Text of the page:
Cornelius commissioners on Monday approved a resolution expressing dissatisfaction with Mecklenburg County Manager Harry Jones’s plans for dealing with problems in the county’s 2011 property revaluation. The board also adopted a resolution affirming its rejection of a proposed 108-unit apartment complex at Kenton Place, and got a look at a draft of a new vision for the areas around I-77 Exit 28.
In a vote near the end of their meeting Monday night, commissioners objected to the county manager’s plans to use existing staff to oversee an expansion of an outside firm’s review of the revaluation, and to fix problems found.
Commissioner Dave Gilroy led the board’s discussion of the resolution, which also calls for an outside consultant to oversee improvements in customer service in the assessor’s office and to help plan the next revaluation.
Mr. Gilroy said “there’s a potential conflict” with having existing staff oversee the next steps in the revaluation, since the county manager and assessor’s office have insisted there were no problems with the 2011 property revaluation.
The county hired Pearson’s Appraisal Service of Wilson to conduct an independent review over the past few months, and while the firm found the revaluation overall to be acceptable, it cited flaws in some areas. Those included inequities in some neighborhoods, including those around Lake Norman, and poor customer service in dealing with appeals.
The board’s objections mirrored those of former Commissioner Jim Bensman, who has been pressing county officials to fix problems with the revaluation. In an email Monday, Mr. Bensman said:
For Harry (Jones) to propose to have the current management of the Assessor’s office and the BER (Board of Equalization and Review) involved in fixing the 2011 Revaluation is a stunning indication that he still does not accept the severity of the problems. To contend that fixes can be done under current law contradicts statements made by him, the County legal staff, the Department of Revenue, the Pearson consultants and members of the CRAC committee (Citizen Revaluation Advisory Committee).
The Mecklenburg County Commission will take up the issue on Tuesday night. Cornelius Mayor Jeff Tarte said he would deliver the board’s objections to the commission at the meeting.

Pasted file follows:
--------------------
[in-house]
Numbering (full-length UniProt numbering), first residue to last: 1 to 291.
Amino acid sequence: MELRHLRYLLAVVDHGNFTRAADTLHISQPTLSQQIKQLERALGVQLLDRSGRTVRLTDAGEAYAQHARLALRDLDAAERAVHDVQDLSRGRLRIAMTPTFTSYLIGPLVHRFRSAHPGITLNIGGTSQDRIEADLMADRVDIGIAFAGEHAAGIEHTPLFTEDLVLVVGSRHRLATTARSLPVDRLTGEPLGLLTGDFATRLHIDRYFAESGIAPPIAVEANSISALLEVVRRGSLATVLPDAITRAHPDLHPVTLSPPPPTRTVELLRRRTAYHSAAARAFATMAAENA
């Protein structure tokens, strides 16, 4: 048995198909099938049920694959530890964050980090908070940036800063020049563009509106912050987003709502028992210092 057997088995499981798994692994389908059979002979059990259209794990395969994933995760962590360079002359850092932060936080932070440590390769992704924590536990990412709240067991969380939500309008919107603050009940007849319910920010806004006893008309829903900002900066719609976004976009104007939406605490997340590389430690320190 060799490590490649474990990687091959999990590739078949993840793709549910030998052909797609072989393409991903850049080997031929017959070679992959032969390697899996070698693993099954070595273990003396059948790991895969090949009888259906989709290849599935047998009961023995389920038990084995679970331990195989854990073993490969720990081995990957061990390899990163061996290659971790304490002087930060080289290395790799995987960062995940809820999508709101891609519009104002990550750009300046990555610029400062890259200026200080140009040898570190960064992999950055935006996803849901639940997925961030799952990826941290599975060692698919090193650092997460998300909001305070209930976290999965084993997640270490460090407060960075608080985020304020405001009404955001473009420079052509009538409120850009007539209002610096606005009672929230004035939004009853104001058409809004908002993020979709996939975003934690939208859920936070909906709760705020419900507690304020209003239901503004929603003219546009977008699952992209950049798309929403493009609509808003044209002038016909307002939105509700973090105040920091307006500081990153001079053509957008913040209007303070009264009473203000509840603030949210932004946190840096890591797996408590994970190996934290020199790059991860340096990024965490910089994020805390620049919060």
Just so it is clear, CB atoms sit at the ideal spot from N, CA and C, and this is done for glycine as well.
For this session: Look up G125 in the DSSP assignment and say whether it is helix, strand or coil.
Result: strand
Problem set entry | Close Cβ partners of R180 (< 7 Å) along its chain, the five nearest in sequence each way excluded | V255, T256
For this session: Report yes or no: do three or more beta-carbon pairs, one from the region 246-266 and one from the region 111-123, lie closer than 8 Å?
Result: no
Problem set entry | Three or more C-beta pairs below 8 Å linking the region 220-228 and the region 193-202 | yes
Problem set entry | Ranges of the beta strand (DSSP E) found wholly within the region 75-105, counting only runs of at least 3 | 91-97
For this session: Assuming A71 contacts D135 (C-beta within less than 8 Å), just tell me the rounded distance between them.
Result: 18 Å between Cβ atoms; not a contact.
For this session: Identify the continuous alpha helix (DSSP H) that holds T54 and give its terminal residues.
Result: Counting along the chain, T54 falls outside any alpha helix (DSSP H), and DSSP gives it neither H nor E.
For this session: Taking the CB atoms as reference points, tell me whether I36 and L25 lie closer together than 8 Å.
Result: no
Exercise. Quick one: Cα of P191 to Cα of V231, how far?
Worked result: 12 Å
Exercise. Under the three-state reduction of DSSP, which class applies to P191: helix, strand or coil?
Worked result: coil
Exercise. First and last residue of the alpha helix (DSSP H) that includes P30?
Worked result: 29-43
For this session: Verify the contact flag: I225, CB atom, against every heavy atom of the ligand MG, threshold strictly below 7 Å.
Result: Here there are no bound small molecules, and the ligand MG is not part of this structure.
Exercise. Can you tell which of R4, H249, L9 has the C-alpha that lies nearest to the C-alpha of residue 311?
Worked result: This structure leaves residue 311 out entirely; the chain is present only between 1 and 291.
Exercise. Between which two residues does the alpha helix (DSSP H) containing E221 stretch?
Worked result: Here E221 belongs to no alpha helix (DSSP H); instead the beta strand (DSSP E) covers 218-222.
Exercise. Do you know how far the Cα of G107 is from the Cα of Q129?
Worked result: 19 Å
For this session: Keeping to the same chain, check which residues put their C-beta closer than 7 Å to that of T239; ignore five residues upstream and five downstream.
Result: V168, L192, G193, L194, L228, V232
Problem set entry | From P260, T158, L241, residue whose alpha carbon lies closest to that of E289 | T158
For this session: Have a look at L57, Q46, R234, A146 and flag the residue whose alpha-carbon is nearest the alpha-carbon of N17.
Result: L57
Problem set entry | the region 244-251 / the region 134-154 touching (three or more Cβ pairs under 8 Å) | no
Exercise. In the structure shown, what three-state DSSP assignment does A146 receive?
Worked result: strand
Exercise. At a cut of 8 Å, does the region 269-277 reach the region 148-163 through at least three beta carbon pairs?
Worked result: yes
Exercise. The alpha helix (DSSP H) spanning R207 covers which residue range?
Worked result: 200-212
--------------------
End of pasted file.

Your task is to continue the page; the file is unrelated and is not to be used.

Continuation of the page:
On Monday, Mr. Jones delivered his recommended next steps on the revaluation. (See the full recommendations added to the commission agenda here.)
Mr. Jones asks the commission to:
- Approve an expansion of Pearson’s contract to identify other neighborhoods that may have had inequities in valuations.
- Authorize the county manager to seek bids for a consultant to “rework” the neighborhoods with problems. This could cost $1.5 million to $2.5 million and take 12 months.
- Let county staff address “minor” issues
- Direct the County Manager and Assessor to develop a detailed work plan for the next revaluation with specific areas to fix.
- Order changes at the Board of Equalization and Review
Tuesday’s county commission meeting begins at 6pm at the Charlotte Mecklenburg Government Center in Charlotte.
See also Nov. 19, 2012, “Consultants’ report in; now up to commissioners to fix reval.”
BOARD AFFIRMS KENTON PLACE VOTE
Also at Monday night’s Town Board meeting, the board approved a “Resolution of Consistency and Reasonableness” explaining its Nov. 5 vote to reject a zoning change for a proposed 108-unit apartment block at Kenton Pace, off West Catawba Avenue.
The vote was a technicality and mirrored the 3-2 margin on Nov. 5, when commissioners Gilroy, Rinker and Hare voted to reject developer Gary Cangelosi’s proposal, and commissioners Bradford and Travis disagreed.
Town attorney Bill Brown told the board he had erred that night in telling the board they didn’t need to adopt a resolution specifying their objections. So on Monday, the board passed the resolution, which is required by state law. The statement expresses the board’s decision that the project, which had been proposed near the former Palace Theater, “is not consistent with the Town’s CMP (comprehensive master plan) and is not reasonable due to existing transportation infrastructure.”
EXIT 28 AREA PLAN
In a preliminary session at 6pm Monday, commissioners heard a presentation from planner Bill Eubanks of SWA Urban Edge Design Studio, who is helping the town draft a new plan for the Exit 28 area.
The town began the study in 2011. Mr. Eubanks’ presentation Monday gave an overview of the different qualities of neighborhoods on either side of the Exit 28 interchange from I-77.
He said the plans’ goals should be to help develop and improve the sense of community in the area, build strong neighborhoods, and encourage people to shop locally. Preliminary recommendations include:
- Improving architecture and walkability in the area along and off West Catawba Avenue.
- Continuing development of commercial infill along Torrence Chapel Road and Liverpool Parkway.
- Adding and improving hotel and retail devleopment close to the highway on east and west
- Locating the long-planned community center in Smithville up on Catawba Avenue – instead of deeper in the neighborhood as previously envisioned.
- Thinking of the Oak Street Mill area as a potential “arts and food hub,” possibly including a farmer’s market.
The Cornelius Planning Board will take a look at the draft on Dec. 10. The Town Board could consider the Exit 28 plan at its 2nd meeting in December or in January, according to assistant Town Manager Andrew Grant.
The board also held a closed session to discuss an unspecified contract and legal matters, including a potential legal claim.
See the full agenda on the town website.